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Ryan P. Durk, Esperanza Castillo, Leticia Márquez-Magaña, Gregory J. Grosicki, Nicole D. Bolter, C. Matthew Lee and James R. Bagley

the best of our knowledge, no study has examined if F/B is associated with cardiorespiratory fitness, as assessed by maximal oxygen consumption (VO 2 max), independent from dietary or anthropometric measures. The purpose of this exploratory study was to identify potential relationships among relative

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Leanna M. Ross, Jacob L. Barber, Alexander C. McLain, R. Glenn Weaver, Xuemei Sui, Steven N. Blair and Mark A. Sarzynski

Cardiorespiratory fitness (CRF) is well established as having a strong association with mortality and numerous CVD risk factors. 4 Despite the strong associations between CRF and each individual component of LS7, few studies have examined the independent association of CRF and ideal CVH score. Recently, Ruiz et

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Sandra A. Billinger, Eric D. Vidoni, Jill K. Morris, John P. Thyfault and Jeffrey M. Burns

Positive physiologic and cognitive responses to aerobic exercise have resulted in a proposed cardiorespiratory (CR) fitness hypothesis in which fitness gains drive changes leading to cognitive benefit. The purpose of this study was to directly assess the CR fitness hypothesis. Using data from an aerobic exercise trial, we examined individuals who completed cardiopulmonary and cognitive testing at baseline and 26 weeks. Change in cognitive test performance was not related to CR fitness change (r 2 = .06, p = .06). However, in the subset of individuals who gave excellent effort during exercise testing, change in cognitive test performance was related to CR fitness change (r 2 = .33, p < .01). This was largely due to change in the cognitive domain of attention (r 2 = .36, p < .01). The magnitude of change was not explained by duration of exercise. Our findings support further investigation of the CR fitness hypothesis and mechanisms by which physiologic adaptation may drive cognitive change.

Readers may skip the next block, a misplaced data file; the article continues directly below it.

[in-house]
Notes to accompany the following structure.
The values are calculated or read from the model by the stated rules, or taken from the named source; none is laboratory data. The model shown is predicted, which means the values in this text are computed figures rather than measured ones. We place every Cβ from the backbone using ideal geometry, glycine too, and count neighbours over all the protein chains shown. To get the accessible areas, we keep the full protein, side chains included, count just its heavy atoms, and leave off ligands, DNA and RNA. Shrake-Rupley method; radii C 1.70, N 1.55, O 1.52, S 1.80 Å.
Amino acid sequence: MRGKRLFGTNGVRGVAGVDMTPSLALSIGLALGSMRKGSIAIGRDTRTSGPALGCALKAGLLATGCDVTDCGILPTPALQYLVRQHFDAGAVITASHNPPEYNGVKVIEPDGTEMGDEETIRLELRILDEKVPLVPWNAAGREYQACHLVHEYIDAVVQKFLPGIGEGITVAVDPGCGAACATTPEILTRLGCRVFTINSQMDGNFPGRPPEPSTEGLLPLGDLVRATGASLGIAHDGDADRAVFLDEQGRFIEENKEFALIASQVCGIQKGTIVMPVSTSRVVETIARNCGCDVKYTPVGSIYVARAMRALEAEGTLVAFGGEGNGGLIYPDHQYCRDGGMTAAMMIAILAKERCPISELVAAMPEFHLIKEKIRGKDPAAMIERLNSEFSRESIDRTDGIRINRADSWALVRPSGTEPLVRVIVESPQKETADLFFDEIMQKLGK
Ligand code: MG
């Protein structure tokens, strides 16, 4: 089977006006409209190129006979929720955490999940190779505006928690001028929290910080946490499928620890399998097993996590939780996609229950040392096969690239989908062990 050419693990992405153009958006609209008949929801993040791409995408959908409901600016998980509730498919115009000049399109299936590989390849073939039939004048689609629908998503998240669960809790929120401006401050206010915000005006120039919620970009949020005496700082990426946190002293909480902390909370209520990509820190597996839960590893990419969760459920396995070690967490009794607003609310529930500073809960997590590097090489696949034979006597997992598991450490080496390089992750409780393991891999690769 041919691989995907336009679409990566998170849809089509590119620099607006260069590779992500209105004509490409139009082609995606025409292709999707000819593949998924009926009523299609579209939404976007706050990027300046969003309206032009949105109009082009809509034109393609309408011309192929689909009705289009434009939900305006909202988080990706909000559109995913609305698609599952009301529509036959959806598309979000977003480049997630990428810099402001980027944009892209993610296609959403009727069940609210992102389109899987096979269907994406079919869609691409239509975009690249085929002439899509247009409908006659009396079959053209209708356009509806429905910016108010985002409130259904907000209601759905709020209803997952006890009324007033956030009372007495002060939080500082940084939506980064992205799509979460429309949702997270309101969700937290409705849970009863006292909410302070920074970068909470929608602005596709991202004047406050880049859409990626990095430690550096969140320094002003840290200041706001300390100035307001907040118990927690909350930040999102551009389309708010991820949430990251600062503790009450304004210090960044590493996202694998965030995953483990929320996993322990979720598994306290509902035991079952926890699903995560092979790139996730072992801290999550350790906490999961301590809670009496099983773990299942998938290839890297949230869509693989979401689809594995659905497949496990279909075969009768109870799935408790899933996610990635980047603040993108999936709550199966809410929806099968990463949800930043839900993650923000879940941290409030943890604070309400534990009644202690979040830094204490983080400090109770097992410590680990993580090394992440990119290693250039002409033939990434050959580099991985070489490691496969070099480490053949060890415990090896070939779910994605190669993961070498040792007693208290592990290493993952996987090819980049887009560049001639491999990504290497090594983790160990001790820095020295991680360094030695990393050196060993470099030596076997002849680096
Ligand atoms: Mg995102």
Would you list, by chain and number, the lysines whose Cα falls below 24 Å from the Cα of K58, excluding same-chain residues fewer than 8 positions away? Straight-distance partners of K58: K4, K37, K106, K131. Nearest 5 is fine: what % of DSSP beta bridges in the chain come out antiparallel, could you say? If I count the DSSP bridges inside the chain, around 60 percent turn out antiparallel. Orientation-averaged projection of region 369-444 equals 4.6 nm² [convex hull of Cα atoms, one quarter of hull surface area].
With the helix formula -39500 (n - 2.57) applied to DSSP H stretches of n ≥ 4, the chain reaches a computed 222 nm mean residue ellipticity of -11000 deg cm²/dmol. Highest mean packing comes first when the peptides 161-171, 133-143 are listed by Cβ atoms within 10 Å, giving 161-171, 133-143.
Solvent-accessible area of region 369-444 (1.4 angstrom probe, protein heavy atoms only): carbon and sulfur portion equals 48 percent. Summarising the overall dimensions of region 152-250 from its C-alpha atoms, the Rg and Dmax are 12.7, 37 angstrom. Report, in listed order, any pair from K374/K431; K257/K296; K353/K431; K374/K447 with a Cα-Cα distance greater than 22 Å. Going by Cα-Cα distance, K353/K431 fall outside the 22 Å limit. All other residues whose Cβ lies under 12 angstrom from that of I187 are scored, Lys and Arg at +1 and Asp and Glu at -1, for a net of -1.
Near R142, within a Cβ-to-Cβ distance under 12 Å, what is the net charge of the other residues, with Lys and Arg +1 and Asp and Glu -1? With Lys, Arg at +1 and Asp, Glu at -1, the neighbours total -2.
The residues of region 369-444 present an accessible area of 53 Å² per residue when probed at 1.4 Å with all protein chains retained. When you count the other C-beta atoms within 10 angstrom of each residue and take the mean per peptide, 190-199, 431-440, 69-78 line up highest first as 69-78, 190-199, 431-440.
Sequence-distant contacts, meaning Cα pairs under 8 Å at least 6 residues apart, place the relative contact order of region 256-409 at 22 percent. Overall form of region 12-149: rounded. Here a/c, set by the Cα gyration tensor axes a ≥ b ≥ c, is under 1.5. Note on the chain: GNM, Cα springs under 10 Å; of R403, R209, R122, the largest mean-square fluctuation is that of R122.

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Greg Doncaster, John Iga and Viswanath Unnithan

maturation with respect to detailed measures of cardiorespiratory fitness in highly trained youth soccer players. Moreover, recent research has highlighted the importance of appropriate scaling to successfully accommodate the nonlinear relationship between body size descriptors and peak oxygen uptake (VO 2